Even though this year is the “short year” for the legislative session (only 30 legislative days), there have been 870 bills filed in Frankfort: 594 in the House, and 286 in the Senate. With that flood of bills, it is no wonder that you only hear about the ones that generate headlines.
Unfortunately, unless you are a General Assembly Junkie, you probably are unaware of any number of other bills that are just as important, or even more important, than the ones in headlines. So, here are eight bills that we think are worth paying attention to.
HB 146 – Adjustments to last year’s unemployment bill ✅
2022 saw the passage of HB 4, a cruel bill that cut unemployment benefits and harmed families across the Commonwealth. This year’s HB 146 undid some of the damage from last year’s bill, including increasing the weeks of benefits from 12 to 16. The bill has passed the House and crossed over to the Senate, where it appears to be on its way to passage.
HB 21 – ID cards for homeless persons ✅
Many things in our world require an ID card. And yet, for homeless people, the simple act of getting an official ID card is pretty much impossible, because the agency granting the ID card requires a permanent home address. This bill would allow a form signed by a shelter or agency to attest to residence, thus making it possible for a homeless person to get an ID. And, this bill also allows homeless minors to apply without their parent’s signature. This bill has also crossed over to the Senate, but has not been assigned to a committee.
SB 104 – Changes to membership of the KET board ❌
Republicans all across the country are going after public television, and Kentucky is no exception. This bill terminates the membership on the board of all current gubernatorial appointees, and says that all future such appointees must be confirmed by the Republican-controlled Senate. This bill has passed the Senate and crossed over to the House.
SB 107 – Senate control of Commissioner of Education ❌
As noted by Jamie Lucke in this article, the leader of education for Kentucky was once a political position. The reforms of the early 1990s made it into a professional position, with a nationwide search for the most qualified person for the job. The reforms also made the Education Commissioner responsible to the state Board of Education. SB 107 reverses all of that, and makes the commissioner answer to the 38 members of the state Senate. It also limits the commissioner’s contract to 4 years. This bill has passed the Senate and crossed over to the House, where it has been assigned to Education.
SB 169 – Public/private partnerships for schools systems ❌
This bill adds “school boards” to the government entities allowed to enter into public/private partnerships, which appears to be a back-door way to fund charter schools, by setting up such an agreement with a charter school management company. This bill has passed the Senate, but not been assigned to a committee in the House yet.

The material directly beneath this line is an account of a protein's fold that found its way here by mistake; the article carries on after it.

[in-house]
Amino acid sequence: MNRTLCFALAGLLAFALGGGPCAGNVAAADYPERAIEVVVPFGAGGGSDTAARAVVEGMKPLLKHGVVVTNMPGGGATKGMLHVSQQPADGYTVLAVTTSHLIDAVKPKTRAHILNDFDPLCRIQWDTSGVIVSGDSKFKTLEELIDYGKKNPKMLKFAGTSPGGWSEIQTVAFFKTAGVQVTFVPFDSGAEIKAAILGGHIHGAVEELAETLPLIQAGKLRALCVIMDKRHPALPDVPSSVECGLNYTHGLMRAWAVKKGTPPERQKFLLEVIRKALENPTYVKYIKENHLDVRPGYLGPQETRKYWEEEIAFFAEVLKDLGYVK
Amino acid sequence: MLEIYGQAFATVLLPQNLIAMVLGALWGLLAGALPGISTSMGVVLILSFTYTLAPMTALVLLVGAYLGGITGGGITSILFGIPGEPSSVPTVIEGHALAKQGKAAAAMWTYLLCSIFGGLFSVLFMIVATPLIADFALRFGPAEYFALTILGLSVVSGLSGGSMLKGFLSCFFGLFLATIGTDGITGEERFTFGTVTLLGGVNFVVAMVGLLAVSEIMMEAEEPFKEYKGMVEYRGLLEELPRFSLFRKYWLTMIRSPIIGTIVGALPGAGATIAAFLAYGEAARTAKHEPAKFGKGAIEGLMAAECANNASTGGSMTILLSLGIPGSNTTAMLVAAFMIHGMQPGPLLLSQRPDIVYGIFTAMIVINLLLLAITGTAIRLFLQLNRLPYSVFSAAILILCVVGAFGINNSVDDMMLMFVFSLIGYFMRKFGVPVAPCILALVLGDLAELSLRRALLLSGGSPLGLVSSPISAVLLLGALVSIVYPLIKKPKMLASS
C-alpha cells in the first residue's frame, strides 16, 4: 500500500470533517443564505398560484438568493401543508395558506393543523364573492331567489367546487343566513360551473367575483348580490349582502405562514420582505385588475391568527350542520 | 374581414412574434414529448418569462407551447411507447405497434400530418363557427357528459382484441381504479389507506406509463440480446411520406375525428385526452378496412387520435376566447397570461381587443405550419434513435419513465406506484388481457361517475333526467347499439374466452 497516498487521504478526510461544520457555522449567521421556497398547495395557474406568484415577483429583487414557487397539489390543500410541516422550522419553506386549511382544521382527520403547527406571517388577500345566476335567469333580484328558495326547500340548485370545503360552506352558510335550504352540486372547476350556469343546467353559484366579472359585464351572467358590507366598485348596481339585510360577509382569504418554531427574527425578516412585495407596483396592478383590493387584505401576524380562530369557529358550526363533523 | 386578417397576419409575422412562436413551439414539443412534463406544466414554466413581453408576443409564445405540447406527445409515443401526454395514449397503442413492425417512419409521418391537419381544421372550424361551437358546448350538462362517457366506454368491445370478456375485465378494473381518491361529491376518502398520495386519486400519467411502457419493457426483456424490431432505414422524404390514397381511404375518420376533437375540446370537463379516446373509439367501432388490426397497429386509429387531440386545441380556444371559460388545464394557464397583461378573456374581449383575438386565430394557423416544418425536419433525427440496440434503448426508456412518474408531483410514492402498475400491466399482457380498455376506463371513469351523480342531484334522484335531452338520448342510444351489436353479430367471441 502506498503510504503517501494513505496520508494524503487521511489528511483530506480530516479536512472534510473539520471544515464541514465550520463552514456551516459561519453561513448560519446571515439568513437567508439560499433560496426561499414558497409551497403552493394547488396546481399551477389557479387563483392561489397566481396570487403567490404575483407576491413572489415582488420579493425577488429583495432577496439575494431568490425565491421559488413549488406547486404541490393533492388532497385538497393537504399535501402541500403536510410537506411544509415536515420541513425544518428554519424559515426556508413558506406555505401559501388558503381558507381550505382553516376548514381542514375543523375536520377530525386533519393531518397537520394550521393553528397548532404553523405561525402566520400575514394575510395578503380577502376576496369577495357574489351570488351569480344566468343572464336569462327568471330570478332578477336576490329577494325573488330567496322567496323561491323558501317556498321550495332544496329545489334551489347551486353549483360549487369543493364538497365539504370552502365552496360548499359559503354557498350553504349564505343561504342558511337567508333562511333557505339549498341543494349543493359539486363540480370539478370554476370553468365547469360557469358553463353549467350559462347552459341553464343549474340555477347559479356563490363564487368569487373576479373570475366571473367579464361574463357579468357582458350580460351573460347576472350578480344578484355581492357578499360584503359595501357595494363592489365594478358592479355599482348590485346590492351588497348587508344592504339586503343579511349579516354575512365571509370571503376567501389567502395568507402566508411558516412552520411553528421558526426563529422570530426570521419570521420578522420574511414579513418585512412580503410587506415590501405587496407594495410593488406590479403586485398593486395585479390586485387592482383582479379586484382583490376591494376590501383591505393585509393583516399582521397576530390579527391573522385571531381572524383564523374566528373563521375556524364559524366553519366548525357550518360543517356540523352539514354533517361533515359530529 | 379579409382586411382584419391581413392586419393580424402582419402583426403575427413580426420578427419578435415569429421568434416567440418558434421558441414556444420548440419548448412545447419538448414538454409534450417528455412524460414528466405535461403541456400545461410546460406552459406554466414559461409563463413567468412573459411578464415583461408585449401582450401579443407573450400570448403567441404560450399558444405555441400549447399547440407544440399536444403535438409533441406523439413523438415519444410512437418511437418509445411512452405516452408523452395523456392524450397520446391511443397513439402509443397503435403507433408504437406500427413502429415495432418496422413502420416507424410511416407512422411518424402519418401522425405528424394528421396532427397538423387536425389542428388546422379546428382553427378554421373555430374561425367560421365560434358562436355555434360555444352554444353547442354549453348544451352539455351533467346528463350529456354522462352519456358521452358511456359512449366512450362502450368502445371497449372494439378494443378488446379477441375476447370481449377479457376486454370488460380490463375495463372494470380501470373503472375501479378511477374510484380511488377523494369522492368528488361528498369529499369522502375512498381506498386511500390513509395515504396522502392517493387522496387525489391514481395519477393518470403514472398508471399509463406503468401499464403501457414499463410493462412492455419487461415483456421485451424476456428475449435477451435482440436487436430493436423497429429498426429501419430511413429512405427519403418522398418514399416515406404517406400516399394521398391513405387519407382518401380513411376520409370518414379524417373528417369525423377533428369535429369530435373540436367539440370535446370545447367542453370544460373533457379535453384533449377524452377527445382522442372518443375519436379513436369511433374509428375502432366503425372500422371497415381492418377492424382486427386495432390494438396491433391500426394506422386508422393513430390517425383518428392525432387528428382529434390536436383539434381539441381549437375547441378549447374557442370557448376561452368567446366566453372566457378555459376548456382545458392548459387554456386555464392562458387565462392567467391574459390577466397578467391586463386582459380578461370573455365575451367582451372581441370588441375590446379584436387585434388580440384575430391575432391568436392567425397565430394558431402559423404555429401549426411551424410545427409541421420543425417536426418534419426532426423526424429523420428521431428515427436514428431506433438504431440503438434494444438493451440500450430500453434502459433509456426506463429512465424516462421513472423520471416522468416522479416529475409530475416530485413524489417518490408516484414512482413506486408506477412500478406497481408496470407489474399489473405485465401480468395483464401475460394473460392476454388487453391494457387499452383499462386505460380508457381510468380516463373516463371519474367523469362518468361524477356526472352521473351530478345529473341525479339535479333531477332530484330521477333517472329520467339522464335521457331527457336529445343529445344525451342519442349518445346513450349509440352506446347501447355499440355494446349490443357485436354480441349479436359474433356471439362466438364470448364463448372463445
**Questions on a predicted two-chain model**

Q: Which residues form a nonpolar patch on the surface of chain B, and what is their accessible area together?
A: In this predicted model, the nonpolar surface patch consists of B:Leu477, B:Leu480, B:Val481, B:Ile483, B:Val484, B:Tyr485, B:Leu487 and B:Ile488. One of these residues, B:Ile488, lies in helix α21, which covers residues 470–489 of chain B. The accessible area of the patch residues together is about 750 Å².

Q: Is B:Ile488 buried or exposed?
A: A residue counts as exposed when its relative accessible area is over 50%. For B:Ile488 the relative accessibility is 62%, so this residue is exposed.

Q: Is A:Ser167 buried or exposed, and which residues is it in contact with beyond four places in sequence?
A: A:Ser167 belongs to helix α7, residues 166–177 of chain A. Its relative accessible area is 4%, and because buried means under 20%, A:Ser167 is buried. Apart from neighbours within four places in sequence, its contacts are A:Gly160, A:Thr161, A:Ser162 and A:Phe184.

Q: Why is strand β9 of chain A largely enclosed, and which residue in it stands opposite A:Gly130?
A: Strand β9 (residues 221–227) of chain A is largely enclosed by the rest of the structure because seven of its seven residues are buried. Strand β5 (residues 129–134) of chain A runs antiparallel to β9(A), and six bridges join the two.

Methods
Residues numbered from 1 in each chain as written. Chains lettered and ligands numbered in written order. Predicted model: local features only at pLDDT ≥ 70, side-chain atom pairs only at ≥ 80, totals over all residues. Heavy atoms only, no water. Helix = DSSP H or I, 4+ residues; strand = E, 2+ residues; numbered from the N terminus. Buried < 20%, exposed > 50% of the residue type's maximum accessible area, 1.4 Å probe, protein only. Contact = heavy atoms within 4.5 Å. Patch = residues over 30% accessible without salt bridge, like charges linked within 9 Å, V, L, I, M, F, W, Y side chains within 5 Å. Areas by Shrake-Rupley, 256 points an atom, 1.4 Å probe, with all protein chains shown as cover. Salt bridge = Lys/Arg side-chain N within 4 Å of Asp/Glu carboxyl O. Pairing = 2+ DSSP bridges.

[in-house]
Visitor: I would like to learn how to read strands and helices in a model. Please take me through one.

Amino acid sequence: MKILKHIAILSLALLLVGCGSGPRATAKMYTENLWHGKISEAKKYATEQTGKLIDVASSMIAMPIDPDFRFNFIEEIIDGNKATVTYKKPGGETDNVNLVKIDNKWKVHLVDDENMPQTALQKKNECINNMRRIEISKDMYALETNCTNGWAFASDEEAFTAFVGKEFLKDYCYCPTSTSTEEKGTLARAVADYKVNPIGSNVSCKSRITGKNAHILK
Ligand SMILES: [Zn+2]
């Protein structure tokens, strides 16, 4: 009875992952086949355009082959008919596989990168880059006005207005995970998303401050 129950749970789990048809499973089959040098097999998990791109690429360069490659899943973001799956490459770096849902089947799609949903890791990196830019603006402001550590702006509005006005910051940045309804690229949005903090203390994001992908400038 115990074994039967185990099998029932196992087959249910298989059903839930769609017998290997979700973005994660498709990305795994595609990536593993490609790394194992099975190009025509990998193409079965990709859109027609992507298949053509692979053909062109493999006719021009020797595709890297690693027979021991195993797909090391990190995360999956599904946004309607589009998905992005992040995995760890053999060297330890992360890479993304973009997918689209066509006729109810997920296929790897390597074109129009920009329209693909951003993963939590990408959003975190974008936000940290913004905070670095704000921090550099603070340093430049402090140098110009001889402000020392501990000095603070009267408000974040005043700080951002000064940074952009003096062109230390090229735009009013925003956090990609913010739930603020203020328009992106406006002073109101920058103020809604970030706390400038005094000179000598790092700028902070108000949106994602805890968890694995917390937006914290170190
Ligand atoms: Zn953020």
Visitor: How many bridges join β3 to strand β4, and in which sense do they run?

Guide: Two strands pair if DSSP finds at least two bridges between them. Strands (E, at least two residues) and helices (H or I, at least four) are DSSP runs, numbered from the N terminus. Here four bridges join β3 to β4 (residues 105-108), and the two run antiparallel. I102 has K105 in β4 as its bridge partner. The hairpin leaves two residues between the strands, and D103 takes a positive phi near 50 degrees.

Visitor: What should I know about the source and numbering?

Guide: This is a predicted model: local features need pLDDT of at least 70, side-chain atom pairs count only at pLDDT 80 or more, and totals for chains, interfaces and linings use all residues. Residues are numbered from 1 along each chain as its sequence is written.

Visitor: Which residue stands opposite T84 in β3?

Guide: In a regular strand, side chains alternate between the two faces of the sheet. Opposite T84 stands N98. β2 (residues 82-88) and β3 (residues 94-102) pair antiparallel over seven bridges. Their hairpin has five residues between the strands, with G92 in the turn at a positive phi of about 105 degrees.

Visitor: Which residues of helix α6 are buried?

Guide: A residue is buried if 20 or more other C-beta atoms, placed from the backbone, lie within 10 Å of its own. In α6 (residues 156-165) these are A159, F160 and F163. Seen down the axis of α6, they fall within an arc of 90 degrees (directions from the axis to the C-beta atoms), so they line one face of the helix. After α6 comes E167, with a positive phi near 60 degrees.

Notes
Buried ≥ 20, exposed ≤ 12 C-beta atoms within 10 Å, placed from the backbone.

HB 40 – Deficient admin regulations ❌
This bill gives legislative committees the power to declare administrative regulations put in place by the executive branch to be null and void. And note that this power is not given to either legislative chamber meeting during session; it is given to any committee meeting during the interim. This bill is about to pass the House.
HB 135 – Autonomous vehicle regulations ❌
It seems clear that “autonomous vehicles” (self-driving cars and trucks) are on their way, and it is probably good to being thinking about how best to regulate them. This bill, though, skips the “let’s study it” phase, and goes right to talking about “a regulatory framework for the operation of fully autonomous vehicles on public highways.” And if you read the bill carefully, it includes self-driving trucks in its language. The thought of driverless 18-wheelers on our interstate highways is not comforting. This bill is also about to pass the House.
HB 353 / SB 59 – Fentanyl testing strips ✅
We all know that fentanyl is a dangerous and often fatal part of the opioid plague ravaging our state. It is also a Schedule II controlled substance, so possession of it without a doctor’s supervision is illegal. Fentanyl testing strips do just what the name says: test for the presence of fentanyl. In 42 states, though, these testing strips are classified as “drug paraphenalia” and are also illegal, even though the Centers for Disease Control recommend their use to prevent accidental overdoses. The bill pair HB 353 / SB 59 make these strips legal in Kentucky. The House bill is about to pass the House and get sent to the Senate.
Obviously, there are a large number of other bills that are also important, some of which actually have a chance of passing. If you want to keep close tabs on what is going on in The Lege, then become a member of Forward Kentucky and use our Bill Trackers!